Is this Josh Stewart’s last Static vid? Maybe or maybe not, but between the Henry Edwards and Jeremy Elkins and Peter Sidlauskases of this current plane of existence it seems the curse of the independent video filmer will continue to cloud and arouse youngsters’ minds, whether or not board and shoe makers deign to continue sinking years’ worth of marketing budget lucre into full-length DVDs or high quality Blu Ray products for HD TVs. Josh Stewart, as elder a statesman in all this as Dan Wolfe or Fred Mortagne at this point, suggested this may not be such a bad thing, in spite of any ensuing financial hardships, or perhaps because of them:

One of the rad things about the skate video as an art form is that most of the people doing good work in the indie video scene aren’t motivated by financial gain. And it makes it more pure as an art form when it has to be done on the side of making a living.

The “Static 5” opening sequence, with its tribal chanting, drums and dudes silently walking through tunnels, gives you a sense of how Josh Stewart may view shit and moustachioed literary analytic types might be inclined to draw some “Last of the Mohicans” analogy.* In a time when social media-abetted personal branding has incented standalone video parts and projects catering to specific dudes’ approaches to skating, the 4th and 5th “Statics” are one of the more cohesive and well put together full-lengths in quite a while. The Slap board commentary cycle may have reduced Josh Stewart’s aesthetic to “cellar doors” around the time of the third installment but there’s still few who can argue better for it, and with the exception of the Bronze vid, to which it really is unfair to compare any video, there is no better soundtrack this year, occasionally ripped straight from the trains and platforms.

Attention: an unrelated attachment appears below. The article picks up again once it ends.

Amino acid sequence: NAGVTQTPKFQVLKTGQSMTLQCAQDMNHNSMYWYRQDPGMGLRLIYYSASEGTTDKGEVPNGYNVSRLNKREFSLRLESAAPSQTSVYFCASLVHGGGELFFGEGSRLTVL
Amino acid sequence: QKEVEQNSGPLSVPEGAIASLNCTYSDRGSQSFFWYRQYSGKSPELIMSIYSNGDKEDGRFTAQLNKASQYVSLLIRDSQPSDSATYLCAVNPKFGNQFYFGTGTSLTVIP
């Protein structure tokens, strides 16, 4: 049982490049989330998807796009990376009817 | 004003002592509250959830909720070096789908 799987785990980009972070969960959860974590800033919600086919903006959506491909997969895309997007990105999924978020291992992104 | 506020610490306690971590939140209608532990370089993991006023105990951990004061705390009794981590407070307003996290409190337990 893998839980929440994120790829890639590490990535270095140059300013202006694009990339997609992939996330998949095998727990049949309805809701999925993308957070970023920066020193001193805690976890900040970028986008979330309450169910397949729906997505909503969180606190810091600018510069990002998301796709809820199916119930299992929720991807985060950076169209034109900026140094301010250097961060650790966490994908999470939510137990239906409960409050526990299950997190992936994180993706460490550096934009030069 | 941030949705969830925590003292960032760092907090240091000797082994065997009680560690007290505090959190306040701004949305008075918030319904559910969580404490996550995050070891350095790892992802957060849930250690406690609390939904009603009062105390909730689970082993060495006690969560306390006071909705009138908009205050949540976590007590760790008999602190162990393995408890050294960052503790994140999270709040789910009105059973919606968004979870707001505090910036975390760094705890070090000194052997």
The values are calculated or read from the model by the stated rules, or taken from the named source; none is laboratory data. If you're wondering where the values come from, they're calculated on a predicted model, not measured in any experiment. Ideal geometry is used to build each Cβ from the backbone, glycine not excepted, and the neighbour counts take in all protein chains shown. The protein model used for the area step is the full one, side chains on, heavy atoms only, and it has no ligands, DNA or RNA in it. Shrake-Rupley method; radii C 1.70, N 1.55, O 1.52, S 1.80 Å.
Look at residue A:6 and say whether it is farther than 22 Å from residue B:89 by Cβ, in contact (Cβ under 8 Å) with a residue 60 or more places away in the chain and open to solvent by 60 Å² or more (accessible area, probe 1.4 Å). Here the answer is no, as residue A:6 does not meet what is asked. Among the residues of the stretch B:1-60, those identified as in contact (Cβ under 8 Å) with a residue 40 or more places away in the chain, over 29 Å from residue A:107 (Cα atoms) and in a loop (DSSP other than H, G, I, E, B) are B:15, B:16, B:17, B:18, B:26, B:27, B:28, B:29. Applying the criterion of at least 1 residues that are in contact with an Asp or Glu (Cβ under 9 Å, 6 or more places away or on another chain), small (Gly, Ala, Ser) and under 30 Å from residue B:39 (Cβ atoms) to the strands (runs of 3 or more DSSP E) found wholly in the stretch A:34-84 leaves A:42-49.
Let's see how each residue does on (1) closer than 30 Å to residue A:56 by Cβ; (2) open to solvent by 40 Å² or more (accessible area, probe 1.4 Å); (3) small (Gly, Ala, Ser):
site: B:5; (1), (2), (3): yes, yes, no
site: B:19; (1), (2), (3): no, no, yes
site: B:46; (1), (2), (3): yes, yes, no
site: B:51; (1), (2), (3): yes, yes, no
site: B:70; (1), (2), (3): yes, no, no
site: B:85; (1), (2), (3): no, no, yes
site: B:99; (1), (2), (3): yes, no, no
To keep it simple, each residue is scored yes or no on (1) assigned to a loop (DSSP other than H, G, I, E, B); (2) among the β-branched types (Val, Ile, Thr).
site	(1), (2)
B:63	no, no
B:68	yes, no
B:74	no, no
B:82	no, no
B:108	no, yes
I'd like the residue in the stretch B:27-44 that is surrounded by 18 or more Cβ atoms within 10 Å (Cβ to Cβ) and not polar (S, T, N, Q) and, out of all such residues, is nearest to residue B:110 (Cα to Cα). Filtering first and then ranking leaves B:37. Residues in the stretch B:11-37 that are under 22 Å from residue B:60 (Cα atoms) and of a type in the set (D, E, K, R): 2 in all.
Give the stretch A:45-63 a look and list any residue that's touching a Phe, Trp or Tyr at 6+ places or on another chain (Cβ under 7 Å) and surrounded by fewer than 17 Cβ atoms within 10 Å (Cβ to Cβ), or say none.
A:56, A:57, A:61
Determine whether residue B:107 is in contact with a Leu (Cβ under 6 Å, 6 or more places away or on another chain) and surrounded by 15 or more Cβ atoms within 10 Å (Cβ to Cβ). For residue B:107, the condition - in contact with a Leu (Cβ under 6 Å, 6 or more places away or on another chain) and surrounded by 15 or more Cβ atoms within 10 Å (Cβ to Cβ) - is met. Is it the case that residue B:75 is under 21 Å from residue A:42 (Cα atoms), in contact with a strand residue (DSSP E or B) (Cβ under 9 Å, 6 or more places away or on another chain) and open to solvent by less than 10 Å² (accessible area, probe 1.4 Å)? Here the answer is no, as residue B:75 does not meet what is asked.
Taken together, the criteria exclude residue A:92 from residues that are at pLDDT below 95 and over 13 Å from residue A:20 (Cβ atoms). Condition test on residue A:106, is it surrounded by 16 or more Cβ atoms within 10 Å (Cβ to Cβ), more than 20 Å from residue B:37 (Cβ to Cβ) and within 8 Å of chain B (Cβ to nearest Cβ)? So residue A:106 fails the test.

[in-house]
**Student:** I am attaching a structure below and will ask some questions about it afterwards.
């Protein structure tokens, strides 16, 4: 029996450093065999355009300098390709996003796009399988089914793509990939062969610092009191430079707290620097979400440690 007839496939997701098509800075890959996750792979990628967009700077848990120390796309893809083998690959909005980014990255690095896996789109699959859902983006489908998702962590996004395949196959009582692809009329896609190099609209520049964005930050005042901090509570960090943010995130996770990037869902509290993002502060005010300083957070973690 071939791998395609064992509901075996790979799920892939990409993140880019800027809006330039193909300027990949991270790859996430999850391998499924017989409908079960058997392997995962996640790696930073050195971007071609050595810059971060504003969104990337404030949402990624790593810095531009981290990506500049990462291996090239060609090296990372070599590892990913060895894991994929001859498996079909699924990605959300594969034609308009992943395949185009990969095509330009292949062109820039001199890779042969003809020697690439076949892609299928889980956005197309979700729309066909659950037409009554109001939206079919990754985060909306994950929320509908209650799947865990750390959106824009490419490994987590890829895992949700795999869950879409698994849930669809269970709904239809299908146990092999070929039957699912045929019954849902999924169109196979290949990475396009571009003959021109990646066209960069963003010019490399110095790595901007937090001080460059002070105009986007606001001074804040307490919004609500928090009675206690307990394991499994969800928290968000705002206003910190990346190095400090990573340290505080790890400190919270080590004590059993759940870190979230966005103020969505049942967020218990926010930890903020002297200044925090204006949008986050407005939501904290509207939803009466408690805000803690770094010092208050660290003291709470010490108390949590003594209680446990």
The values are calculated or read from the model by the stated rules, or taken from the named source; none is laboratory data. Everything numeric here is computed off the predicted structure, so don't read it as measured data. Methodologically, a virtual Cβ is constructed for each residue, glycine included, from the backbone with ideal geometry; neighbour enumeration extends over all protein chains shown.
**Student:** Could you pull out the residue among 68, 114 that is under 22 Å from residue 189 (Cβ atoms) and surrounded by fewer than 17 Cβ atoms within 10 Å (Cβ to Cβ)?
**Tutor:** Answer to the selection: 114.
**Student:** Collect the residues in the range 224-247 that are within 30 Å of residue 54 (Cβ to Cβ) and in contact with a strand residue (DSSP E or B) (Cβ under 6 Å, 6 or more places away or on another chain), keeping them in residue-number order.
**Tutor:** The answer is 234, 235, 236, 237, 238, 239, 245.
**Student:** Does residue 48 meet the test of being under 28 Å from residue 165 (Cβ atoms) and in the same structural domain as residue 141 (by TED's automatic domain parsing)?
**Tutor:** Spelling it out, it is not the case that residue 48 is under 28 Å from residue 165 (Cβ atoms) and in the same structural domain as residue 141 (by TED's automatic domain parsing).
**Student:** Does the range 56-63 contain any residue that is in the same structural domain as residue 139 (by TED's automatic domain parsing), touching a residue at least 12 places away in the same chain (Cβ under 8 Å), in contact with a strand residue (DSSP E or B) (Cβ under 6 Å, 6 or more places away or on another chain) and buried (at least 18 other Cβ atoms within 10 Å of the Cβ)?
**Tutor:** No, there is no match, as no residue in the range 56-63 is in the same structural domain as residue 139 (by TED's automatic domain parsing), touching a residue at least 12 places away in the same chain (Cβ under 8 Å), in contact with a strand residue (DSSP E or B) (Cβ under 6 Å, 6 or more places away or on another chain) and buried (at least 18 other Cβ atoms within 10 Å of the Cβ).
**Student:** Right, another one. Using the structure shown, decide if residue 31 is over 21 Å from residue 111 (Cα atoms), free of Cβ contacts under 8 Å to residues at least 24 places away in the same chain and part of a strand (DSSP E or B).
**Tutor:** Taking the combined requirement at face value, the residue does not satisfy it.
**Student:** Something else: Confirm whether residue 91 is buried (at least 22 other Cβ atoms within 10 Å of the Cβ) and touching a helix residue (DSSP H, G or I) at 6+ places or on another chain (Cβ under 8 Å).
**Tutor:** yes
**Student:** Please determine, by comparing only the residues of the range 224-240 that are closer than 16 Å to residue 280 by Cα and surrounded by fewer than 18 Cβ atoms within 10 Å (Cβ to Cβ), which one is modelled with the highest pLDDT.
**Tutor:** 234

With the volume of cellar doors transferred to and bars hopped (Aaron Herrington grabs the no-comply title straight from the jump) it was wise if indulgent to bisect this project into a pair of “Photosynthesis”-optimized runtimes, even though there’s satisfactory variety when it comes to this type of skating. Aaron Herrington goes bio down three banks, Yonnie Cruz is awarded most ambidextrous,
Brian Clarke displays a rarely seen frontside noseslide shove it and
Brendan Carroll behaves similarly with a nollie manual. There are cameos by some of Japan’s street alchemists whose style really has no father but could plausibly claim the “Static 2” Traffic/Puleo parts as an irritable uncle. Dustin Eggeling turns in the obligatory fakie frontside noseslide shove it and thereby soothes certain 1990s ghosts, Jimmy Lannon continues to embody one of the better examples of how less oftentimes is more and
Jake Johnson does his mountain ride, with the skate sounds dialed down and guitars turnt similar to an Alien video. Jimmy Mastrocolo, Daniel Kim and Keith Denley should do parts in next video Josh Stewart does, if there is one.

The best made part in this entry though may be Jahmal Williams, who Josh Stewart pairs with an aging subway dance squadron led by a dude who claims to be over 45 and literally toiling underground, “keeping the art alive” on behalf of tourists and passing worker bees. Jahmal Williams still has it, boosting up traffic barriers and igniting one of the better filmed rick flips recently and issuing a memorable “one more” plea in pursuit of nighttime breakdancing glory and possibly the promise of parachute pants riches yet to come. If these are really the last ones of Josh Stewart’s “Static” series, they do it justice and make a case for the dude mastering his craft, copies can and should be purchased from Theories of Atlantis.

*Not this blogosite though, never that